Why Ireland should think twice about legalising surrogacy

It is a terrible thing, to desire a child and be unable to have one, naturally. There is perhaps no more universal human instinct – no more universal instinct, in fact – than the urge to have children, and parent the next generation. We share that instinct with every living thing under the sun. Having children is an existential issue, a desire placed inside us by evolution itself. For many people, and couples, being confronted with the news that such a perfectly natural and normal thing is denied to them, through no real fault of their own, is a life crisis that those who have not experienced it can barely imagine.

It is also a pain that is not openly, or at least often, discussed. It is still wrapped up in all sorts of taboos and fears: When a couple cannot have a child, after all, there is usually one party who will feel, no matter what they are told, as if it is their fault. The pain of loss is added to by a sense of guilt that they are also denying their partner a chance of having a child. It is an unjust and unwarranted sense of guilt, but it is there.

It is not a surprise then that across the world, couples will go to any length to have a child. People routinely spend tens of thousands of euros on fertility treatments, even after signing the forms which tell them that while the medics will do their best, success is never guaranteed. Some couples go through multiple courses of IVF, and achieve only the crippling pain of repeated miscarriage.

It is not a surprise, then, that those who defend surrogacy do so with such ferocity. The desire to have a child is the most natural thing in the world, and those given the chance will run through almost any door that opens before them. They should not be condemned for that, because their desire is powered by the most primal of instincts.

But surrogacy opens all sorts of doors and questions that a sensible society would answer carefully and cautiously before proceeding with legalising the practice.

Surrogacy, after all, involves borrowing a woman’s womb. Sometimes this is done from altruism, in the case of a sister who bears a child for her sibling, and volunteers. Sometimes it is done for financial reward, as in the case of Irish families who pay Ukrainian women, or women in other countries, to carry their children for them. There is a clear difference between these two kinds of surrogacy, but there is one major commonality: In both cases, the woman who gives birth to the child carries all the risks of pregnancy, and bears all the natural emotional trauma of giving the child they have just given birth to away, and signs over all rights to that child to somebody else.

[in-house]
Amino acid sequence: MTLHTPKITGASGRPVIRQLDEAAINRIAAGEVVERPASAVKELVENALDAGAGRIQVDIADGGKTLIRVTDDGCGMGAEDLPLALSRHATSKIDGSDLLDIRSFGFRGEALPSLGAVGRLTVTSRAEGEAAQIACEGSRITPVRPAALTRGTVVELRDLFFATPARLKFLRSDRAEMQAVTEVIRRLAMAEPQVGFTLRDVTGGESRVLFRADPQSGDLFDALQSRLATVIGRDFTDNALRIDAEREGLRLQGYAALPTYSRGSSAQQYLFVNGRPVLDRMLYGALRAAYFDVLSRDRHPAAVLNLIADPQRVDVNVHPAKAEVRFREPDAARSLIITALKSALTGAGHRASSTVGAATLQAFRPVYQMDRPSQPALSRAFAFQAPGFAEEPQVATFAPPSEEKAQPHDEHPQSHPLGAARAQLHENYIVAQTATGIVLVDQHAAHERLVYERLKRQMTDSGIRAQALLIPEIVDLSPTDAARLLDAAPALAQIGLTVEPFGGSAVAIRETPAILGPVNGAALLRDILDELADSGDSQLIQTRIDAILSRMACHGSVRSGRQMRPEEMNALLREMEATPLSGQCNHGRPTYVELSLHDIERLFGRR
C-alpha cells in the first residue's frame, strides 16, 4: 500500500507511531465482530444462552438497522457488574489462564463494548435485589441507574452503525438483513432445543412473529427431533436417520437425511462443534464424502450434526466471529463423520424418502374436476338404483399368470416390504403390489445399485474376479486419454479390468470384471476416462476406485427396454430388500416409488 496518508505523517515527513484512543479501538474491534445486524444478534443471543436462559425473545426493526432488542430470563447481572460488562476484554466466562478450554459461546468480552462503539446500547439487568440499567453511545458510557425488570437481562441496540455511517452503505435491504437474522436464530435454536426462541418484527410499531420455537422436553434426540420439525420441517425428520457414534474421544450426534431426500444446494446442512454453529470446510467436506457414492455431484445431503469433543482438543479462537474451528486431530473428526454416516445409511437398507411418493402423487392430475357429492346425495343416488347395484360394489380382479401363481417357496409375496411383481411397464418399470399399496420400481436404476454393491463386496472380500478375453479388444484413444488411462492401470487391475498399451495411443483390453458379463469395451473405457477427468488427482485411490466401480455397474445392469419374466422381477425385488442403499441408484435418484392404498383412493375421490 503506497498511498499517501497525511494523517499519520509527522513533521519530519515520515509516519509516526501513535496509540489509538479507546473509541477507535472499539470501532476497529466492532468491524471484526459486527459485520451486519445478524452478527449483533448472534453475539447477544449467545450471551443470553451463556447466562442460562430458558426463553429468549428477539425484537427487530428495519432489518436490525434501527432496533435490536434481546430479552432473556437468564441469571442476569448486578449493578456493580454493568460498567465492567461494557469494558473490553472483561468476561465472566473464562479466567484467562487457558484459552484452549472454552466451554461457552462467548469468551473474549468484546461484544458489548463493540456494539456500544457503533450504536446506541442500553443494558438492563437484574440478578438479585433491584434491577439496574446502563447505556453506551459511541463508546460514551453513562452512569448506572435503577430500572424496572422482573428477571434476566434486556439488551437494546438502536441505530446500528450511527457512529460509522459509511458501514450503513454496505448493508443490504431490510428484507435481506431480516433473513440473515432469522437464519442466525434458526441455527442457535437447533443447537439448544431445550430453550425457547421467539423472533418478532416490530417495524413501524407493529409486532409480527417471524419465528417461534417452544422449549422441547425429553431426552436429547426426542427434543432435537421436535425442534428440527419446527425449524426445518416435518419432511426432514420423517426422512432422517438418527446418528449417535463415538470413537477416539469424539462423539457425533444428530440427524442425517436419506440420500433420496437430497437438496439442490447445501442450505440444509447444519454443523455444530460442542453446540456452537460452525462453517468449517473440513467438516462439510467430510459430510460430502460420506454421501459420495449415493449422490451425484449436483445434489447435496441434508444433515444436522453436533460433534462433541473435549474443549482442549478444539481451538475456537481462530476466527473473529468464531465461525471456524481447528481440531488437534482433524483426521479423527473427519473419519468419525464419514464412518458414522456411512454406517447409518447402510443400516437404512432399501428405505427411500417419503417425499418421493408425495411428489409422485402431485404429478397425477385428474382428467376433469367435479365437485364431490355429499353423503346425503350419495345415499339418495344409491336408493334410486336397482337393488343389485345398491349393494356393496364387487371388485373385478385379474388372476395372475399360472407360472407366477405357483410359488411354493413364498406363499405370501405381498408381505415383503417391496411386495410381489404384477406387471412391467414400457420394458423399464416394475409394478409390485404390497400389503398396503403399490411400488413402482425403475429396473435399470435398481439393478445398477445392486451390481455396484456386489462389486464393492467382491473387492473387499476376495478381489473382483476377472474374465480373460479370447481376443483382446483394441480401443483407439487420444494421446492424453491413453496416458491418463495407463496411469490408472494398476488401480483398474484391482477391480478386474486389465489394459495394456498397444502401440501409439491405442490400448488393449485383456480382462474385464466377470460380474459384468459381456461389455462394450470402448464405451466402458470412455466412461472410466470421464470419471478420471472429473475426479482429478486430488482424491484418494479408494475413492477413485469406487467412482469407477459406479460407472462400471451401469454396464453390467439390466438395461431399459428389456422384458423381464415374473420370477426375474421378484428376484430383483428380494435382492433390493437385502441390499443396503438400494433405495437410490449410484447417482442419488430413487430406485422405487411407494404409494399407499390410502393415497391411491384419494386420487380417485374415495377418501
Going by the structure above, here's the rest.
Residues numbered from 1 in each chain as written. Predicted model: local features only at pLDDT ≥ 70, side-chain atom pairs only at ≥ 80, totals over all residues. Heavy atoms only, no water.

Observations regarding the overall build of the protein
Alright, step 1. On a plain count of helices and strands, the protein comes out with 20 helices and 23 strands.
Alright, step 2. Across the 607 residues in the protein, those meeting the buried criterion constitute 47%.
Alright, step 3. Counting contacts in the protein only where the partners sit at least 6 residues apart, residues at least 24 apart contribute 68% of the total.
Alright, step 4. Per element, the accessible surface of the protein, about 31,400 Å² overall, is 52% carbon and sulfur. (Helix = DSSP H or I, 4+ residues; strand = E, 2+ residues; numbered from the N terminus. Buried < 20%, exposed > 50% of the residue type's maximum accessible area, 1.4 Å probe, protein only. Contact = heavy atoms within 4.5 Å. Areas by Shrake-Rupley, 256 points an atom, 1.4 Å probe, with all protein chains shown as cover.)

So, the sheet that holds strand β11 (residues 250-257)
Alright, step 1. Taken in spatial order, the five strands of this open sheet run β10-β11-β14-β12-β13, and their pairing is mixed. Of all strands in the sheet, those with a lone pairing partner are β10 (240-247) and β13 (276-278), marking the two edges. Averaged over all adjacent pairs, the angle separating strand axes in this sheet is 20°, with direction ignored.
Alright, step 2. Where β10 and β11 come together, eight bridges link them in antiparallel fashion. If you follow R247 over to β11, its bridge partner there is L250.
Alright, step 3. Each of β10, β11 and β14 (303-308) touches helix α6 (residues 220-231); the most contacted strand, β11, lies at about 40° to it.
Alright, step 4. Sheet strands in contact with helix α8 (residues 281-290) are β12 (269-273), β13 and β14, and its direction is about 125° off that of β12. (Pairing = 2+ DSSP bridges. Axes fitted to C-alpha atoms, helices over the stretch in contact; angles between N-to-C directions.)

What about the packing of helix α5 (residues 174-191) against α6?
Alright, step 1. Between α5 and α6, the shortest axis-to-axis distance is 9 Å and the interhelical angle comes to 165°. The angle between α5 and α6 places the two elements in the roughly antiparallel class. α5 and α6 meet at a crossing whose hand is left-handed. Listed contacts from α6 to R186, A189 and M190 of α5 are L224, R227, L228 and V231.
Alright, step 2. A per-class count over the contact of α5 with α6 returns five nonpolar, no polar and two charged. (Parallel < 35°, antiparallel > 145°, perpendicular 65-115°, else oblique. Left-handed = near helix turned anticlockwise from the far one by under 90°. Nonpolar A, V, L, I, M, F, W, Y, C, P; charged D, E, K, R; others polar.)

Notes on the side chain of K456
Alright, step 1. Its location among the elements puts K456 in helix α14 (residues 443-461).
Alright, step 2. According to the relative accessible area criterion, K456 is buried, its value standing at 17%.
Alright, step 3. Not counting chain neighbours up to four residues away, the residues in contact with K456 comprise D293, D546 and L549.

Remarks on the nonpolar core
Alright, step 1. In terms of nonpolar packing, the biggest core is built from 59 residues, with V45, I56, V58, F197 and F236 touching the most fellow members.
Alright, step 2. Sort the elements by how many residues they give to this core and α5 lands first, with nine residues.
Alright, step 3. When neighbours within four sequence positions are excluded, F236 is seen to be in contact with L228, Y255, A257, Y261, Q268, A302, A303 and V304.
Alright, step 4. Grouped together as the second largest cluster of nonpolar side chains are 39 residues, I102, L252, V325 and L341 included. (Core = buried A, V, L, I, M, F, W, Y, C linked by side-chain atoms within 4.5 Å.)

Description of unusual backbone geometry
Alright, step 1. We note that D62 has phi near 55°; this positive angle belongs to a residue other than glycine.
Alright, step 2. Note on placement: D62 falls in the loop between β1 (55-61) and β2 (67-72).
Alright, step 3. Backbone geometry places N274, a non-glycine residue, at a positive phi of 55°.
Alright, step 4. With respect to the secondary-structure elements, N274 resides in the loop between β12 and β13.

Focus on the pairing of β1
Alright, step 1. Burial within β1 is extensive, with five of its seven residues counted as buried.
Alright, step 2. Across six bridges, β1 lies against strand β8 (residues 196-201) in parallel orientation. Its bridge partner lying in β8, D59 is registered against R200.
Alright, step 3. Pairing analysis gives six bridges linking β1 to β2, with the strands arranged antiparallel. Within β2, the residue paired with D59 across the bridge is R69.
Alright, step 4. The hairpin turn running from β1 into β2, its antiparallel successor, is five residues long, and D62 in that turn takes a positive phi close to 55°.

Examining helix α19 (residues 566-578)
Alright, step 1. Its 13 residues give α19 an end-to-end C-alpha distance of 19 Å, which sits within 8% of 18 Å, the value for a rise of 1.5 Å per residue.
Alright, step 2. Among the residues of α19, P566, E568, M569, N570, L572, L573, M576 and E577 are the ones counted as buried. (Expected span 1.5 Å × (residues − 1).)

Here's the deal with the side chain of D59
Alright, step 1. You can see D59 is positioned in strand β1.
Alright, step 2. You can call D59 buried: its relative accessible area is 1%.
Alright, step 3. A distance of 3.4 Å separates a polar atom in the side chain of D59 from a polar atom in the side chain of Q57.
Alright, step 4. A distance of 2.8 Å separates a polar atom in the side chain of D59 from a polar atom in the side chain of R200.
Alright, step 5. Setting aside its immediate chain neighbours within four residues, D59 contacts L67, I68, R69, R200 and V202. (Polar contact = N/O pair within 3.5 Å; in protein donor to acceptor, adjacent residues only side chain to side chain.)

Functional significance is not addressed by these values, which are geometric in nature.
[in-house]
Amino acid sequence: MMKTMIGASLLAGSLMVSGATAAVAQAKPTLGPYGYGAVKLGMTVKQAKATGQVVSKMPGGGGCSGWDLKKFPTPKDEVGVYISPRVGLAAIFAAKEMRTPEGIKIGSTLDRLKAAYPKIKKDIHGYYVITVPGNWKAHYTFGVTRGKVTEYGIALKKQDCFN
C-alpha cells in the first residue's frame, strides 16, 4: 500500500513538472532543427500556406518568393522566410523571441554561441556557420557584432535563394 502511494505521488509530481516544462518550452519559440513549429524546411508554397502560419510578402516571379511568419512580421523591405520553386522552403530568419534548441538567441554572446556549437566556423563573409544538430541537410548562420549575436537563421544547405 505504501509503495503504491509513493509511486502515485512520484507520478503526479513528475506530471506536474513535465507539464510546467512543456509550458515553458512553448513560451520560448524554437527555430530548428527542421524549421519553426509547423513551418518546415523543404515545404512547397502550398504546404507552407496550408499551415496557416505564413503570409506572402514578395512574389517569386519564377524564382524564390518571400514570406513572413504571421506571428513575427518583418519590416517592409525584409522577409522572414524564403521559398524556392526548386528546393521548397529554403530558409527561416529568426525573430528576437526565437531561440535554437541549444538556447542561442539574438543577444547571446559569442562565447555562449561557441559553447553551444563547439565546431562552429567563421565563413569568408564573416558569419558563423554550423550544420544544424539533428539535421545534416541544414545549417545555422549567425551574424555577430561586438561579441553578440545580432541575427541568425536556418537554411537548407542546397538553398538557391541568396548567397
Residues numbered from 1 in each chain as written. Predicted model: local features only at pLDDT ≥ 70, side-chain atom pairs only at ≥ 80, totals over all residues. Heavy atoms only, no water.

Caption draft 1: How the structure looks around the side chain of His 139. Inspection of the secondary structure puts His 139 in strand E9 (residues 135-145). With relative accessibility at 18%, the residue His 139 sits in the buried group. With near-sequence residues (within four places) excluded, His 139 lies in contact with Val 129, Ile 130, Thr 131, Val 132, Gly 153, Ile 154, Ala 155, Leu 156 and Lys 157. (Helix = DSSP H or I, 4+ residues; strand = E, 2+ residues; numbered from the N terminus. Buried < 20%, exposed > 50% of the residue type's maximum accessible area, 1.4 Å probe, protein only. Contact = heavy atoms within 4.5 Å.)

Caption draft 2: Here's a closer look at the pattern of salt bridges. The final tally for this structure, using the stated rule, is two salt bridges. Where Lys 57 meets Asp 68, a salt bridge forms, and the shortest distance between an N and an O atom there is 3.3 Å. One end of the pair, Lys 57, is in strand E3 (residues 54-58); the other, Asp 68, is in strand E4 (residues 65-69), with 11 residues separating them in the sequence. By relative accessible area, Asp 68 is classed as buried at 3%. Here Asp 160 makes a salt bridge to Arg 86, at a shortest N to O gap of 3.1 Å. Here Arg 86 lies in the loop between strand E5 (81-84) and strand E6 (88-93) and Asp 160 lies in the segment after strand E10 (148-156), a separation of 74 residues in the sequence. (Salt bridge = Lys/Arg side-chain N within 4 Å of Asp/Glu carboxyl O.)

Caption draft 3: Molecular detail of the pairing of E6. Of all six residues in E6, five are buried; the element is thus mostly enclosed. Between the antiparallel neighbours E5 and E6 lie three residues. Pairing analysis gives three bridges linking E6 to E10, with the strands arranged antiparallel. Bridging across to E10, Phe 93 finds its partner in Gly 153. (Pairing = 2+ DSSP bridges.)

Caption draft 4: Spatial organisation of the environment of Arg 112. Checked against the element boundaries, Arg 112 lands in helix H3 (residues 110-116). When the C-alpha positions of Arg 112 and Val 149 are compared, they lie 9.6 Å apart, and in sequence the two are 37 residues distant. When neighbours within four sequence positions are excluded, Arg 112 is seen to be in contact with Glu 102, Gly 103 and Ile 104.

It is not hard to see how this plan can, and often does, go awry: Who, after all, would blame a woman who has carried a child for nine months if she feels some ownership of that child after it is born? A law that puts surrogacy on the statute books recognises something unique and bizarre: That a woman who gives birth to a child may not be considered the natural mother, and may have no rights at all to a child she has nurtured, at great cost to herself.

This is objectively unnatural.

“Unnatural” is a word that gets some people’s backs up, of course: It has echoes of those who claim that homosexuality is unnatural, and so on. Often, when we talk about what is “natural”, people automatically paint us as the baddies. But that does not make them correct. It is inherent in nature for mothers to feel a bond to their children: That is what makes the whole process work. Across species, those that, like humans, provide parental care to their young feel natural ties. A dog will die to protect her own puppies. The most placid cow will defend her own calf. This is not a matter of morality or ethics, but of simple evolution. Humans like to pretend, at times, that we have evolved past stuff like this, but we have not.

And what we have, with surrogacy, is a legal severing of the natural ties between birth mother and child. We have not explored, or even begun to explore, the trauma and pain that such a law might induce.

There are other issues, here, too: the commercial surrogacy market has become, as it was always likely to, inherently exploitative. It is hard to explain exploitation to people who believe in choice as their over-riding moral value – after all, if a woman chooses to become a surrogate, is that not her right?

This does not take into account the fact that, as every mother you will ever speak to will testify, that nobody really understands what it is to give birth to a child until they have done it. Nobody ever understands the bond that they feel to their child until they have their own. It follows from the endless river of testimony to that effect that nobody who makes a choice to sever that bond for money can really, truly, know what they are signing up to do. It is not unlike offering teenagers money to fall in love with their crush, and then get dumped. They might agree, but those of us who recall the pain of a first broken heart might advise them differently.

In Ireland, we are introducing a new law on surrogacy. The cabinet approved it yesterday. As is the manner of these things, it will be hailed far and wide as progressive, and compassionate, and kind, and tolerant. We should not be so quick to believe that any of those things are true.

Sometimes, painful as it is, the kindest thing you can do is come to an accommodation with the cards that nature has dealt you. But then, that’s a very old fashioned view, these days, isn’t it?

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